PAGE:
Moving forward, ongoing efforts to enhance cooperation, increase transparency, and allocate sufficient resources will be crucial in countering terrorist propaganda effectively. The commitment of tech companies, governments, and civil society, as well as the development of comprehensive frameworks and regulations, will play a vital role in combating the spread of extremist content and ensuring a safer online environment.
Global Internet Forum fighting Terrorism online
Global Internet Forum to Counter Terrorism (GIFCT) was established in 2017 by Facebook, Microsoft, Twitter, and YouTube to counter terrorist propaganda online. The consortium aims to make hosted consumer services hostile to terrorists and violent extremists through the use of technology, research, and counter-speech strategies.
“Our mission is to substantially disrupt terrorists’ ability to use the internet in furthering their causes, while also respecting human rights. This disruption includes addressing the promotion of terrorism, dissemination of propaganda, and the exploitation of real-world terrorist events through online platforms.” It focuses on sharing knowledge, information, and best practices, as well as conducting research and funding initiatives.
The members of GIFCT have taken significant steps to combat terrorist content on their platforms. They have developed policies and removal practices to take a hard line against such content. Companies like Facebook, Twitter, and Google employ automated systems and machine learning to detect and remove terrorist-related content swiftly. Facebook does this primarily through the use of automated systems like photo and video matching and text-based machine learning. Once the company is aware of a piece of terror content, it also removes “83% of subsequently uploaded copies within one hour of upload”.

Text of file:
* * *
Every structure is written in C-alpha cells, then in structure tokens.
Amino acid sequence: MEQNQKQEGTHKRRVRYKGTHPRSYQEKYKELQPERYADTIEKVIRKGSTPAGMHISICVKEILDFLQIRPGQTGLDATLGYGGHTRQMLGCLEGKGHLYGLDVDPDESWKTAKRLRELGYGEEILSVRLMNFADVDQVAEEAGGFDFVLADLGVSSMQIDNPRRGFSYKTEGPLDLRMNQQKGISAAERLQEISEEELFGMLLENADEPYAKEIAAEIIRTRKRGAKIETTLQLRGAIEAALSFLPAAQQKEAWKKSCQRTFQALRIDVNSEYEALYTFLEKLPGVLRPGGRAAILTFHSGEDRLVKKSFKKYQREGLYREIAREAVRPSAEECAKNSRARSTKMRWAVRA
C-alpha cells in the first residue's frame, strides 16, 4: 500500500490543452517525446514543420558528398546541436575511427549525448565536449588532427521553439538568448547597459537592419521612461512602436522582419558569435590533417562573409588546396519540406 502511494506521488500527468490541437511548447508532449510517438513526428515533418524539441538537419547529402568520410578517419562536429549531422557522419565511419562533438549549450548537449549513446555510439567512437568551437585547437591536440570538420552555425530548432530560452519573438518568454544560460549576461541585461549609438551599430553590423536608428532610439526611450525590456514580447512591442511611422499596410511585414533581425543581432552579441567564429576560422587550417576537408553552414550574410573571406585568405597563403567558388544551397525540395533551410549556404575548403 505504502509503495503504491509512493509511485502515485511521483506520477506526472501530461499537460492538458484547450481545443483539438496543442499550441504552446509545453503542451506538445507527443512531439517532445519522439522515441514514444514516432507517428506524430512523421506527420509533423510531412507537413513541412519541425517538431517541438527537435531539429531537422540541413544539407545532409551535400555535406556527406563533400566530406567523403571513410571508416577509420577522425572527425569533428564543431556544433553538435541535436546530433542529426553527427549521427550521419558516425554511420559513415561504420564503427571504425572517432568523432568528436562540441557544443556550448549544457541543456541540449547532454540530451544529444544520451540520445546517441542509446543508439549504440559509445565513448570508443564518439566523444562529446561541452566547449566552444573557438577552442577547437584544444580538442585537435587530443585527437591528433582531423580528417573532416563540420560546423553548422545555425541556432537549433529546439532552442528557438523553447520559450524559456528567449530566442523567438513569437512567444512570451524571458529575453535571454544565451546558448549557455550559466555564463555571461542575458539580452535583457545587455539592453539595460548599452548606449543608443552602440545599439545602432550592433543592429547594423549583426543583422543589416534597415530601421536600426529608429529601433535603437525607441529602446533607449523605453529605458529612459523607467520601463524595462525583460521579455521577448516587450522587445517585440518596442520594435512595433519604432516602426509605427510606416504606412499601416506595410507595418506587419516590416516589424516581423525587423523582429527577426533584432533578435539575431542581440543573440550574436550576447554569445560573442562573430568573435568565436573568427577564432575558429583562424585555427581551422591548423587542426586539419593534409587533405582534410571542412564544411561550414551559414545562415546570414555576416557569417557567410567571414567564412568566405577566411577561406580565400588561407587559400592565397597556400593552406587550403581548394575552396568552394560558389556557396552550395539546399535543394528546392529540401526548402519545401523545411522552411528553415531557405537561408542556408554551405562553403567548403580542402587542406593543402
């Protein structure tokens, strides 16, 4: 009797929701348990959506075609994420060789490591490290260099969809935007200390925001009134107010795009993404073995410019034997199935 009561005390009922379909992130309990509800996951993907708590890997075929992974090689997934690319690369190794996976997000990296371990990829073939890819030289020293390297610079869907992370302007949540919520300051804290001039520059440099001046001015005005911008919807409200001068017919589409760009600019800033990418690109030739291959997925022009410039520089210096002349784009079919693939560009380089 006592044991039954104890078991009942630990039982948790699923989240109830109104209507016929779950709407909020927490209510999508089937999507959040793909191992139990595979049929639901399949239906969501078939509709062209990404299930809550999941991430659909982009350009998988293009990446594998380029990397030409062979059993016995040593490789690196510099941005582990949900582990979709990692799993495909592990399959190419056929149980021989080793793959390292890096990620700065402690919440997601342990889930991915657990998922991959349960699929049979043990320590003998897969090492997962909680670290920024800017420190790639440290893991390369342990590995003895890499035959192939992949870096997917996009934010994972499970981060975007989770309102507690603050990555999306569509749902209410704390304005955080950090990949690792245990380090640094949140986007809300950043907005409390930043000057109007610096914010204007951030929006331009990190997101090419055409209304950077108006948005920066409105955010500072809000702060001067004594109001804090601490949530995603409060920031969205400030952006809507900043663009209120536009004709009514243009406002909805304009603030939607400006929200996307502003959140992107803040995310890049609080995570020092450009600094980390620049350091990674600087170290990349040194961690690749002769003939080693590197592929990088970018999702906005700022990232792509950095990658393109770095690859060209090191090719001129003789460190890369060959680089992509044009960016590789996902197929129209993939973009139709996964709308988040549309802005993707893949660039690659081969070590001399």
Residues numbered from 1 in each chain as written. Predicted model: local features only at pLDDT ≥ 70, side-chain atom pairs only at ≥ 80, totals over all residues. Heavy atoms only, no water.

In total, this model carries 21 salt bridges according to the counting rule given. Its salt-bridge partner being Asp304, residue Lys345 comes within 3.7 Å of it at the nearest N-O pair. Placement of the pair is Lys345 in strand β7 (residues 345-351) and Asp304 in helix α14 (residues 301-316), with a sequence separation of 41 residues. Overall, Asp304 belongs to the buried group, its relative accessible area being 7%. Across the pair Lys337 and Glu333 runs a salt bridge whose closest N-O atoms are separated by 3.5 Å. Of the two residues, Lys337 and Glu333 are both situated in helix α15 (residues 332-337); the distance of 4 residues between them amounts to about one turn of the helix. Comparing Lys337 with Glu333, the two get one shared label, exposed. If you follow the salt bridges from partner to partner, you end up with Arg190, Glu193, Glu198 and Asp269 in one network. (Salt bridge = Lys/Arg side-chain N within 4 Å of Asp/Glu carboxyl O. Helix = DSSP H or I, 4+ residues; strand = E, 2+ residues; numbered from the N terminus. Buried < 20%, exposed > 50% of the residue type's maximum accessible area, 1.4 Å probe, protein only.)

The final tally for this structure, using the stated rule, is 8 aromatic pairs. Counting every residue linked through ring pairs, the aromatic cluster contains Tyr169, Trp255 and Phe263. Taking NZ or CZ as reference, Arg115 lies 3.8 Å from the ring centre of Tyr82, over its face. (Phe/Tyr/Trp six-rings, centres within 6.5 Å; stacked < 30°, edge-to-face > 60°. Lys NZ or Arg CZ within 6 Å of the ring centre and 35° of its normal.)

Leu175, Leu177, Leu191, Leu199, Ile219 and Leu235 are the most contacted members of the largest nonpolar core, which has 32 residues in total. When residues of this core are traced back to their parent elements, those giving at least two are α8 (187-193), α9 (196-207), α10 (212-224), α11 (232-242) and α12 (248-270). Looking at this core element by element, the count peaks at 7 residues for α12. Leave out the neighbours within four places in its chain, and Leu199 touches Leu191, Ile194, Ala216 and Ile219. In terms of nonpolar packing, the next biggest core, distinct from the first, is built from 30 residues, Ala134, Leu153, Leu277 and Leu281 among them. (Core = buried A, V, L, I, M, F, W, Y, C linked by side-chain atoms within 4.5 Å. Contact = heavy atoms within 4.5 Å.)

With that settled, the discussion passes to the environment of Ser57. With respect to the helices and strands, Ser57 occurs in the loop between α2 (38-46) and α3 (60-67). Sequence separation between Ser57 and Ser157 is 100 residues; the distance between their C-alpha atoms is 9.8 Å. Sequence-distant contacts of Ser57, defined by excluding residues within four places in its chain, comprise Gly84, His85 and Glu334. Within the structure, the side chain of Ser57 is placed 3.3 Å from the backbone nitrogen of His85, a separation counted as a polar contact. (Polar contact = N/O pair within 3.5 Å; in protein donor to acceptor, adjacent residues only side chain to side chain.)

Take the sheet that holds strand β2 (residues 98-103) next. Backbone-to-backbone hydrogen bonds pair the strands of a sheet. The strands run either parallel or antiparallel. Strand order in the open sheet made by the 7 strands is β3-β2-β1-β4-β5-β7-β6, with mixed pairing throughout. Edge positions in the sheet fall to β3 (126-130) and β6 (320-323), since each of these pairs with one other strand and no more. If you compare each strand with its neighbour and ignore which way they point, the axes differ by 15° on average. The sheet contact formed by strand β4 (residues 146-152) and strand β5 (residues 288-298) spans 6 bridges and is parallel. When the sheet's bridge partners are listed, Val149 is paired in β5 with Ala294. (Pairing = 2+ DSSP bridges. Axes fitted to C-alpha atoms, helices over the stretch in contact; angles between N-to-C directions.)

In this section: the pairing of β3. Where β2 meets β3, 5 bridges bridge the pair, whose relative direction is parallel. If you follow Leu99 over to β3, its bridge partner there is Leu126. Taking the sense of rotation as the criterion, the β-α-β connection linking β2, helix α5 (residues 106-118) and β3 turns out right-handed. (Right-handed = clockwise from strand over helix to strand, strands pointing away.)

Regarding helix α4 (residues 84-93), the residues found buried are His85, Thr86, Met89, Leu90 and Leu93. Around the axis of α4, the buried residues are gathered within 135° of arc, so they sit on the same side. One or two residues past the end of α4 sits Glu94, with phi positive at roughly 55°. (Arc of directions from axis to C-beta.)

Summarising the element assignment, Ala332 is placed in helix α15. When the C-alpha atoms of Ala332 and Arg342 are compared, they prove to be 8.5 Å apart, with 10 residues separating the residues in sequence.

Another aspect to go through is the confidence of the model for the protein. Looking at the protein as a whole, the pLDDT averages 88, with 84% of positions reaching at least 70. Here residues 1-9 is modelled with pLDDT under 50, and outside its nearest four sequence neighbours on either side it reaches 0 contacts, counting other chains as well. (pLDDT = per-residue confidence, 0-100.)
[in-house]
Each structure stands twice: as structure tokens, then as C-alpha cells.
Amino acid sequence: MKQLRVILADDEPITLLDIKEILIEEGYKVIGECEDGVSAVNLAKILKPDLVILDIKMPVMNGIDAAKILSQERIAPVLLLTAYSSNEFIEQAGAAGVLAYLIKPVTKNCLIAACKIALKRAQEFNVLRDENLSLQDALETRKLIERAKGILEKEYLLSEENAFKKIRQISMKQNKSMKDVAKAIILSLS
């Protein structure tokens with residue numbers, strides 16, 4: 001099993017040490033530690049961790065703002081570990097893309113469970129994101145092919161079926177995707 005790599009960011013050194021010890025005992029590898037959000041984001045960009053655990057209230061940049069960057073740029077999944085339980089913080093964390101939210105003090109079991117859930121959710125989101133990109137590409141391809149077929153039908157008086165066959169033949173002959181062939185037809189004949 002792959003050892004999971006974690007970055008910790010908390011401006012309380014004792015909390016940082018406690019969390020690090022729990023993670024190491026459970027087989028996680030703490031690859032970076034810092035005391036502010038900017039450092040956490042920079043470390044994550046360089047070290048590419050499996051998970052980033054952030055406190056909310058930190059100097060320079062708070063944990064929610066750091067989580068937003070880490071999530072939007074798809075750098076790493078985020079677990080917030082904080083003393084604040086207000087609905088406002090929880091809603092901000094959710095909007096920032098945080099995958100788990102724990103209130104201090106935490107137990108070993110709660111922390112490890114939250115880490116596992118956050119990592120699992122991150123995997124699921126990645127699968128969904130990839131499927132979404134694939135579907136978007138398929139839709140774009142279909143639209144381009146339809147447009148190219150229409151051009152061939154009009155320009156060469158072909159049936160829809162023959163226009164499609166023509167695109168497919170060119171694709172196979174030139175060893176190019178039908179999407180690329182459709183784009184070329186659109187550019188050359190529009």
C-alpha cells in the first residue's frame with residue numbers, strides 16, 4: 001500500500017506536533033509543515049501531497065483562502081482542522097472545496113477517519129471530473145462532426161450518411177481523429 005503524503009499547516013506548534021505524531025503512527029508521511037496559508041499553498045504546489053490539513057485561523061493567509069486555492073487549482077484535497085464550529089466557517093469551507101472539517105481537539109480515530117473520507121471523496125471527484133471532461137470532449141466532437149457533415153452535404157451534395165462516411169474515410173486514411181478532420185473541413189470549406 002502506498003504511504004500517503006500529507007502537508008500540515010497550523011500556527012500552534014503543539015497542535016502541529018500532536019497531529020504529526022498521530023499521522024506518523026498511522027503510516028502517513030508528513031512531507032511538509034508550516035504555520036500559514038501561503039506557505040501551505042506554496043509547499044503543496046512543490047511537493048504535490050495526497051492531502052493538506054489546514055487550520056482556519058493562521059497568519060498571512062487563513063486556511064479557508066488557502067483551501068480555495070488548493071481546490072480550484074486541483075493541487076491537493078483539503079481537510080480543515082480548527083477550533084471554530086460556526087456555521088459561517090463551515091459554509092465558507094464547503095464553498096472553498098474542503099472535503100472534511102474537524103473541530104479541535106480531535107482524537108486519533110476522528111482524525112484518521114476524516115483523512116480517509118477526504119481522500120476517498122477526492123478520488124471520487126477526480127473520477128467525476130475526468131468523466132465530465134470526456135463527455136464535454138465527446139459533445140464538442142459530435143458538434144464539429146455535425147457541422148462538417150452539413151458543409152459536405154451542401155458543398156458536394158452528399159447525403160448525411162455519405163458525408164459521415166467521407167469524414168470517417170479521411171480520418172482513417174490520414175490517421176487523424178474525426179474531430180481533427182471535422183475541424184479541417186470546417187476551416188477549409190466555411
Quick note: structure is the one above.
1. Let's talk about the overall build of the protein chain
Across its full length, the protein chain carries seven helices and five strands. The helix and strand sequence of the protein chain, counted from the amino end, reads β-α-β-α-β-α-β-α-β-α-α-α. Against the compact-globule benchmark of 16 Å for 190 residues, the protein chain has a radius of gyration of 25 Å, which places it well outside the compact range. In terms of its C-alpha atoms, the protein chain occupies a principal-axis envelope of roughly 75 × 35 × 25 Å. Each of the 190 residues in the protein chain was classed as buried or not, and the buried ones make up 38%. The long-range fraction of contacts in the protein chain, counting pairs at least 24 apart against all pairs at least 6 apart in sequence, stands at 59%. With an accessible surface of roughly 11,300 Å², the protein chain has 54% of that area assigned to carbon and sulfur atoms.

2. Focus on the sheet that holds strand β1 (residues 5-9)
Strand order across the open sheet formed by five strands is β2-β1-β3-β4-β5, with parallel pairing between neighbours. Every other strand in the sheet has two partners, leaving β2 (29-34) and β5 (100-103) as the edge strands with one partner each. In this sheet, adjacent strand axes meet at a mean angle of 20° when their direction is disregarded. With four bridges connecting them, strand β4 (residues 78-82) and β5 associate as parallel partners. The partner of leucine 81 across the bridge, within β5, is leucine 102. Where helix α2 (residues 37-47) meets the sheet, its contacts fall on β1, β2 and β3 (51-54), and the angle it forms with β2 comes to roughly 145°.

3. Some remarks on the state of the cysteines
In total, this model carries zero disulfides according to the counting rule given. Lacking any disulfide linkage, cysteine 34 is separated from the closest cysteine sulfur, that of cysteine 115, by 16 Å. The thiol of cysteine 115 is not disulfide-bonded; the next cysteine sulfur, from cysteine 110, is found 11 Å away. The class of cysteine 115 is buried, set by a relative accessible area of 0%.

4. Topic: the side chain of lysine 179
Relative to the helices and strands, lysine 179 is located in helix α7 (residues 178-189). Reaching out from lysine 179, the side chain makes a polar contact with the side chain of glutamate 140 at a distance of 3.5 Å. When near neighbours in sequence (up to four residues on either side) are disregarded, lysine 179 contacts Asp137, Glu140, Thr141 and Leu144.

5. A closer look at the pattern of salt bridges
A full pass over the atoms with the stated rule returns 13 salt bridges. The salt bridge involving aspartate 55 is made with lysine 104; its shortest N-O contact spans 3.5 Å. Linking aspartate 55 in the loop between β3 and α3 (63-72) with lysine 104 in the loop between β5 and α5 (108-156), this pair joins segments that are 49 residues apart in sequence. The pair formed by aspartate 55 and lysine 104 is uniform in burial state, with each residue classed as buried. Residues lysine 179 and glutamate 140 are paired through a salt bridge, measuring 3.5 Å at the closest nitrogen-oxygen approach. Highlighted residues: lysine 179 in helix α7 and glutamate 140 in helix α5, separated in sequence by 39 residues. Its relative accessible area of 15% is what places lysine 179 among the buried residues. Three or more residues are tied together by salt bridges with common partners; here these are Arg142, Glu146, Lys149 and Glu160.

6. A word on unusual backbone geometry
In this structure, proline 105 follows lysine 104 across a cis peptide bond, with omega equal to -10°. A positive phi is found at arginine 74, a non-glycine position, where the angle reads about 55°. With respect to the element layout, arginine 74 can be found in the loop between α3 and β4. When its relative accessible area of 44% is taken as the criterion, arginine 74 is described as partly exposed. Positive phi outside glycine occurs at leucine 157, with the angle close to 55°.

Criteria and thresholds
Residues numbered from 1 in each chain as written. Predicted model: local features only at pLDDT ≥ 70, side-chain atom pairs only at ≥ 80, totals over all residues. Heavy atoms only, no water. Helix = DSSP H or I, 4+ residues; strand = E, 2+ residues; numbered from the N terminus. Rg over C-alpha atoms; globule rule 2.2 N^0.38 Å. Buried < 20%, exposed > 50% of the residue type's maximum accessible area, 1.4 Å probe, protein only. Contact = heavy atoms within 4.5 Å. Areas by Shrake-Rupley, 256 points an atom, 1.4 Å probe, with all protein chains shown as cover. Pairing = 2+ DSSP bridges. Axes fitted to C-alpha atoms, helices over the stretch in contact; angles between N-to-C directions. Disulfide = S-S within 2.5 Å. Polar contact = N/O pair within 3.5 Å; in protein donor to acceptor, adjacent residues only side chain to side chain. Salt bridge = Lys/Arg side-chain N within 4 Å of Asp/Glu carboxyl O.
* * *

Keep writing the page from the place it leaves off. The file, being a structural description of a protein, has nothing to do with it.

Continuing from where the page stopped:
They have implemented measures to improve transparency, enhance cooperation with governments and civil society, and engage in workshops to address the challenges of countering online extremism.
Facebook’s Monika Bickert and Brian Fishman say that the human element still needs to play a key role in identifying terrorist content. “We still rely on specialised reviewers to evaluate most posts, and only immediately remove posts when the tool’s confidence level is high enough that its ‘decision’ indicates it will be more accurate than our human reviewers.“We can reduce the presence of terrorism on mainstream social platforms, but eliminating it completely requires addressing the people and organisations that generate this material in the real world.”
The coalition has made progress in tackling terrorist propaganda through shared industry databases, such as the Global Internet Forum Hash Database, which helps platforms track and remove terrorist content using unique digital fingerprints. GIFCT’s work has expanded to include cooperation with governments, NGOs, academia, and other companies to share information and address the evolving landscape of terrorist activities.
To further strengthen their efforts, GIFCT is transforming into an independent NGO and has established an Independent Advisory Committee (IAC) consisting of representatives from governments, international organizations, and civil society. The IAC provides strategic expertise, assesses performance, and advises on GIFCT priorities.
Moving forward, GIFCT plans to expand its database to include a wider range of threats, including white supremacist and racially motivated violent extremism. By broadening its scope and fostering collaboration, GIFCT aims to combat various forms of extremist content and promote a safer online environment for all users.
To date, GIFCT and others have worked on cross-platform efforts for its member companies. This includes things like a hash-sharing database to share hashes, or “digital fingerprints,” of photos and videos that have been identified as terrorist content so that platforms can track and remove it if necessary. Learning from progress made in the child-safety space, hashed versions of labeled terrorist content allow the identifiers of terrorist content to be shared without sharing any user data or personally identifiable information.